Wednesday, June 15, 2016

France Protests: Hundreds Hurl Objects as Paris Labor Reforms Demonstration Turns Violent
Several hundred masked protesters have hurled objects at police in Paris as the latest demonstration against disputed labour reforms in France descended into violence.

The clashes erupted as the international spotlight was turned on France as the host of the Euro 2016 football championships, which have also been marred by violence between fans.

Strikes closed the Eiffel Tower and disrupted transport links as tens of thousands of fans pour into the country for Europe's showcase football event.

The Paris police department reported 58 arrests, including many foreigners, with 24 police and 17 protesters injured, after demonstrators stormed a building site and began to hurl wooden palettes at riot police.

Pictures showed one man being led away by officers in riot gear with blood streaming from a wound above his eye, his white t-shirt splattered with blood.

The strike is the latest in months of industrial action that has seen air and rail transport severely disrupted, fuel shortages and rubbish piled up on the streets of Paris.

"I've been to all the demos since March because I want to live in dignity, not just survive," said Aurelien Boukelmoune, a 26-year-old technician marching in Paris.

"I want the reforms to be withdrawn, pure and simple. Only then will it stop. For the Government's sake, they should withdraw the law, otherwise we'll block the economy."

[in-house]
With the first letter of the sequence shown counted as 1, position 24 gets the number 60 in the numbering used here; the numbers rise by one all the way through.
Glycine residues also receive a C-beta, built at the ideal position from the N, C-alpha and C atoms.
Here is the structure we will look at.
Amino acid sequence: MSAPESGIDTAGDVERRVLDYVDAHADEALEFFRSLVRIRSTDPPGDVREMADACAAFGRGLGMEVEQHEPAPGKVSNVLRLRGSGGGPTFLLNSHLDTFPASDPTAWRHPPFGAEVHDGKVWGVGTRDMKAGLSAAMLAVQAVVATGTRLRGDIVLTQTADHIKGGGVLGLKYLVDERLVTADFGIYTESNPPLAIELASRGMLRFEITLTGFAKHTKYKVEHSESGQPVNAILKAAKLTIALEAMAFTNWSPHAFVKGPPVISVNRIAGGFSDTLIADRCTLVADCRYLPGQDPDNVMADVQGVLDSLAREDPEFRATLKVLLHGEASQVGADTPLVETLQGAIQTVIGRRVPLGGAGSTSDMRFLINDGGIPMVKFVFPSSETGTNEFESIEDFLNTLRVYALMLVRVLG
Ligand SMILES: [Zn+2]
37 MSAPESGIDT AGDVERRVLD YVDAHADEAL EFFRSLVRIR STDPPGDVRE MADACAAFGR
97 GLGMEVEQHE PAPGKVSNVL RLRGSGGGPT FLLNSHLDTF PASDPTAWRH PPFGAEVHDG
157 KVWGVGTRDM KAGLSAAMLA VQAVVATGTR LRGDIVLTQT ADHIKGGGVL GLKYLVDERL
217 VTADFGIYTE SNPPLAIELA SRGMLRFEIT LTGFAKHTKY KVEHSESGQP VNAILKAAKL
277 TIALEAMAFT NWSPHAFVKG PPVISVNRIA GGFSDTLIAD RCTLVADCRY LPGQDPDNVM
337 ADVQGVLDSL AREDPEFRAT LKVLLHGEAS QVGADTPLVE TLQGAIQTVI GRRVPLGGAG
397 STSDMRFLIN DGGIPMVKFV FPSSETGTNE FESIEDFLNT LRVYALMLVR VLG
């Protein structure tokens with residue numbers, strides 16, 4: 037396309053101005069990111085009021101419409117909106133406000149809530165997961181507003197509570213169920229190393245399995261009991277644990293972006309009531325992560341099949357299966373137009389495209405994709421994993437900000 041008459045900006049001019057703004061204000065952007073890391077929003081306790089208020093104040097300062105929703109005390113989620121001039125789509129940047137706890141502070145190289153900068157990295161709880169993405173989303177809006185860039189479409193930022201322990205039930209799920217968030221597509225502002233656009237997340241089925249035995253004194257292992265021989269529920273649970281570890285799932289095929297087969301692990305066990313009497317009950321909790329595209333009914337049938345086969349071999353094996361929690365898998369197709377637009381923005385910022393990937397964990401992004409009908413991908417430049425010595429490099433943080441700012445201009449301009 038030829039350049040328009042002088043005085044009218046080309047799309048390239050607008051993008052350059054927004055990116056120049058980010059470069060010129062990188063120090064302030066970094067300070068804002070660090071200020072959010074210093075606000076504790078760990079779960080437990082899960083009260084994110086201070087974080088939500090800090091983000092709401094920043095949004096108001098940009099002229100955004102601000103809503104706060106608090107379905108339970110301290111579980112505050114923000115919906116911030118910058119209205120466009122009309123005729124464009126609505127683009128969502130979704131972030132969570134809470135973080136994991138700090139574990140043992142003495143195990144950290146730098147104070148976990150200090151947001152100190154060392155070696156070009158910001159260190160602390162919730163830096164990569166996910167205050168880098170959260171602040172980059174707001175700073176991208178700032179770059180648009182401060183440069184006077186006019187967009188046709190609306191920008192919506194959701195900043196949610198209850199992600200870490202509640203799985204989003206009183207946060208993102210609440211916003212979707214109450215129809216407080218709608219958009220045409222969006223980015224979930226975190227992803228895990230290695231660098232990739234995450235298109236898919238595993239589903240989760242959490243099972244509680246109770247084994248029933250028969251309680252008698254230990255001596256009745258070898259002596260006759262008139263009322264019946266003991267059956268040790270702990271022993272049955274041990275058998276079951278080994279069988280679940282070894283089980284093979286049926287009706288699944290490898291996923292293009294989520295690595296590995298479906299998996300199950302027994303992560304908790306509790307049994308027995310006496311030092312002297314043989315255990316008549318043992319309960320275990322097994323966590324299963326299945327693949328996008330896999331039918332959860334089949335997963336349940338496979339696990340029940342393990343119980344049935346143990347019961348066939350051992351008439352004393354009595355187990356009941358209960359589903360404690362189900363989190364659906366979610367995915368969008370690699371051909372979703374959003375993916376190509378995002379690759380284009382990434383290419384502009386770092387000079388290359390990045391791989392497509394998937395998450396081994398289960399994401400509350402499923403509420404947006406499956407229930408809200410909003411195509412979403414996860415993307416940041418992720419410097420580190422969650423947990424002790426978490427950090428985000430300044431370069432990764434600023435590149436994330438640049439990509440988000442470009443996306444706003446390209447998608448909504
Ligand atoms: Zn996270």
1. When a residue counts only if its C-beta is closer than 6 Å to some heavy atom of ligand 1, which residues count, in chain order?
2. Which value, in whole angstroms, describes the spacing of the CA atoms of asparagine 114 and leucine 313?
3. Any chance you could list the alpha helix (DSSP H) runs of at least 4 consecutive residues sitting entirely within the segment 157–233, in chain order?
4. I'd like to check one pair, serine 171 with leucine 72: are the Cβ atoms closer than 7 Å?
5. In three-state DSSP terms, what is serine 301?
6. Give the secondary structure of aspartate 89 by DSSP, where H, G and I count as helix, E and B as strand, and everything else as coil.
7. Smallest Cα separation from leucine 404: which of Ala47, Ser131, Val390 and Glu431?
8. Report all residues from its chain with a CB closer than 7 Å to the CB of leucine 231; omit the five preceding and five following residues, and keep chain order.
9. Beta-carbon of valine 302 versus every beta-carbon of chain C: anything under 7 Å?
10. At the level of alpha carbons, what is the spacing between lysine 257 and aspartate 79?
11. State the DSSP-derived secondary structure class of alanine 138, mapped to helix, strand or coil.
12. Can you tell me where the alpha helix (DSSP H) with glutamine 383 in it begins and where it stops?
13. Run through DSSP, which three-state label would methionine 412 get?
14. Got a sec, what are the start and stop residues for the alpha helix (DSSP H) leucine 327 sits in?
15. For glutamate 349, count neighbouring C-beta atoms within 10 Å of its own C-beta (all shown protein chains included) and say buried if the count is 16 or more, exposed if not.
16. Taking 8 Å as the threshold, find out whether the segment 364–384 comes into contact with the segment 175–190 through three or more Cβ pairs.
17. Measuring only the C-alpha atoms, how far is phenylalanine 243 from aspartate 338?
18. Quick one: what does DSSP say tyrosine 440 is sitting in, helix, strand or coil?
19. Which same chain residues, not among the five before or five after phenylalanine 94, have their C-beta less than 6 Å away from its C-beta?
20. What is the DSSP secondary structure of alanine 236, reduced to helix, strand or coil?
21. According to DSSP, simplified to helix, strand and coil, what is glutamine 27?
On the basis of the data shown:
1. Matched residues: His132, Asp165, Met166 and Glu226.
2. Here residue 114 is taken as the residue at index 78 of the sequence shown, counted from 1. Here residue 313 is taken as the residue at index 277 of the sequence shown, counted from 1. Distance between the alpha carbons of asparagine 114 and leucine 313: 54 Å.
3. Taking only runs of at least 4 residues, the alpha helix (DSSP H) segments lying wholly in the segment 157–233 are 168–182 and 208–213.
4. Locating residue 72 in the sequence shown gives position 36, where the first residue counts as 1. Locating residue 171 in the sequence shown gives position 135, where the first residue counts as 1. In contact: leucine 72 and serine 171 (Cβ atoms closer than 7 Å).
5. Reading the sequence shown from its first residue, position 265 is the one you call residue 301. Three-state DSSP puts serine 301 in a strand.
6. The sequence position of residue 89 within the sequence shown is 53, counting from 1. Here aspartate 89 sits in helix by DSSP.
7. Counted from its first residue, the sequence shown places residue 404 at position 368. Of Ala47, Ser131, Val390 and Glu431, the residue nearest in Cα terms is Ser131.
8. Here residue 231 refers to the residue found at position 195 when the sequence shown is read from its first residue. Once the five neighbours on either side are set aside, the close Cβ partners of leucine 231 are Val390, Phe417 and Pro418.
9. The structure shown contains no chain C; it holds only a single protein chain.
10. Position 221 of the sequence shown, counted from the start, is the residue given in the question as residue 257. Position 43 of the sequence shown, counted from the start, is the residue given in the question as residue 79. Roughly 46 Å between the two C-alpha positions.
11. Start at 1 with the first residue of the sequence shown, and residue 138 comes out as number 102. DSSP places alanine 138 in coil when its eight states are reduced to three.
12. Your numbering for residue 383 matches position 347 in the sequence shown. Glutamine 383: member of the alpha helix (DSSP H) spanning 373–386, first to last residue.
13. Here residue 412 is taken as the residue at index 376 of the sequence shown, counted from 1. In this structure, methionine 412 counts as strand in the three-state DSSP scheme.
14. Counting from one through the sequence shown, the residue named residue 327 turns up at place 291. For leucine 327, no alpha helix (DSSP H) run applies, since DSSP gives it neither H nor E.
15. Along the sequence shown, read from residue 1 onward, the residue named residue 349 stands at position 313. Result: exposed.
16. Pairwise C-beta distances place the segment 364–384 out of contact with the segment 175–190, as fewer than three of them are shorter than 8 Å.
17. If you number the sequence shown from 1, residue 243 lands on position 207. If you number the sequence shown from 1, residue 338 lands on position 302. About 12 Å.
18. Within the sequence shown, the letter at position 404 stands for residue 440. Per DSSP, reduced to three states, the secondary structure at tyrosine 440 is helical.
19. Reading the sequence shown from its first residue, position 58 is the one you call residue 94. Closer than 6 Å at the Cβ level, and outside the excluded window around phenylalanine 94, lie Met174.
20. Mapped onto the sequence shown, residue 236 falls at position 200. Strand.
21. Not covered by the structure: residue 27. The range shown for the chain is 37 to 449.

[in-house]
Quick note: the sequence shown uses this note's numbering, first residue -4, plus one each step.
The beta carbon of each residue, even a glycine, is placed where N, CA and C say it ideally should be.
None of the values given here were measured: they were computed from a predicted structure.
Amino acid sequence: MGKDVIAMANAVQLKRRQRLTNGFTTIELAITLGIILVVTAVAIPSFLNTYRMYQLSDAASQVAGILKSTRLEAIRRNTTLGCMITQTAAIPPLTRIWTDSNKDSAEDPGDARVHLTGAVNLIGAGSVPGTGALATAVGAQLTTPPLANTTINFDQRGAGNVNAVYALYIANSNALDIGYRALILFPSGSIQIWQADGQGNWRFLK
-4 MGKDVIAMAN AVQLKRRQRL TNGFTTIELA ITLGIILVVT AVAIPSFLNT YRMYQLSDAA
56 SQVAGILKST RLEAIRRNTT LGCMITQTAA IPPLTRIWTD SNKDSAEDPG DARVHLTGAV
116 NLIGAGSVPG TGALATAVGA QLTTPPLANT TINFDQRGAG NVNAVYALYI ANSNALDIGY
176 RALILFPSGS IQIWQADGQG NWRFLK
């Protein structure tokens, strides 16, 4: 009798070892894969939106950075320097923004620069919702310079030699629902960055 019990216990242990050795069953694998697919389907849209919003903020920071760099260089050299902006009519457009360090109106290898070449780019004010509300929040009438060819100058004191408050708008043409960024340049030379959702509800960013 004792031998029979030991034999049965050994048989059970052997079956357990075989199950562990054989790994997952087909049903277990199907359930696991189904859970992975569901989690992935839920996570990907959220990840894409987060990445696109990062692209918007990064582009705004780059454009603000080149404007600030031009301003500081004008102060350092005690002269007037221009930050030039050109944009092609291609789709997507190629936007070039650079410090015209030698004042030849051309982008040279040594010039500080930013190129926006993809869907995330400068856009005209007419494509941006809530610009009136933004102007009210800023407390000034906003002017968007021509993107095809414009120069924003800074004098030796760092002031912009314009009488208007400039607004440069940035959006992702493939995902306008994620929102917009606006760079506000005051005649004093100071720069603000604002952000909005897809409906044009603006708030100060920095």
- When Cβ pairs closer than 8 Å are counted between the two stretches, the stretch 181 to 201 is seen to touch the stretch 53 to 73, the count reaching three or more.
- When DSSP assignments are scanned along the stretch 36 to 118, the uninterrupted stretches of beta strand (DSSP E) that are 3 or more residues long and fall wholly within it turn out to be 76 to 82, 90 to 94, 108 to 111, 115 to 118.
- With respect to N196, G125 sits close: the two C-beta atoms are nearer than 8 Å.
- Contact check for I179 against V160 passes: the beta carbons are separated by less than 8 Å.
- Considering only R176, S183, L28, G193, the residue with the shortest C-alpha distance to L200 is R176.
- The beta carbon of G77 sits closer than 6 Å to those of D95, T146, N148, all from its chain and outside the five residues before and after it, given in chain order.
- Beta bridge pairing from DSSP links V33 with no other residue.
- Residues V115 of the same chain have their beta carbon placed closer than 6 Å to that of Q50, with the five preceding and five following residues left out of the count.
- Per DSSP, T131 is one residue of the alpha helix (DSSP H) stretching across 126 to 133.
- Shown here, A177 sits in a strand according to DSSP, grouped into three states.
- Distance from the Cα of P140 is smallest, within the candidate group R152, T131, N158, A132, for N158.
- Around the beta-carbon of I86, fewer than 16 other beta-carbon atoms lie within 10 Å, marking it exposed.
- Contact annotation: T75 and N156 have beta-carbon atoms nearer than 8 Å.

France on high alert

With France on high alert due to the threat of terrorism during Euro 2016, overstretched security authorities feared the demonstrations could turn violent and banned 130 known troublemakers from taking part.

The terrorism threat was thrust back into the spotlight after a man claiming allegiance to Islamic State jihadists killed a policeman and his partner at their home in a north-western Paris suburb late on Monday.

President Francois Hollande's socialist Government has voiced hope the latest day of protest will be a last stand for the movement.

But Philippe Martinez, head of the far-left CGT union that spearheaded last month's blockades of fuel depots and an ongoing rail strike, predicted a "very strong mobilisation".

The CGT laid on more than 600 buses to transport demonstrators to Paris and said it hoped to attract more support than in March, when it claimed 1.2 million people took to the streets.

Authorities put the March figure at 390,000.

50,000 expected on Paris streets

For Tuesday's protest, Paris police chief Michel Cadot said he expected "maybe more than 50,000 demonstrators" in the capital alone.

Two further protest days are set for later this month.

At a time when the French capital would normally be reaping the benefits of high-season tourism boosted by the football, the demonstrations have dampened the flow to the world's most-visited city.

Several staff at the Eiffel Tower went on strike, leaving insufficient numbers to open the monument safely, according to its operator, SETE.

Adding to the climate of discontent, rail workers continued strike action to protest working conditions. They were joined at the weekend by a minority of Air France pilots.


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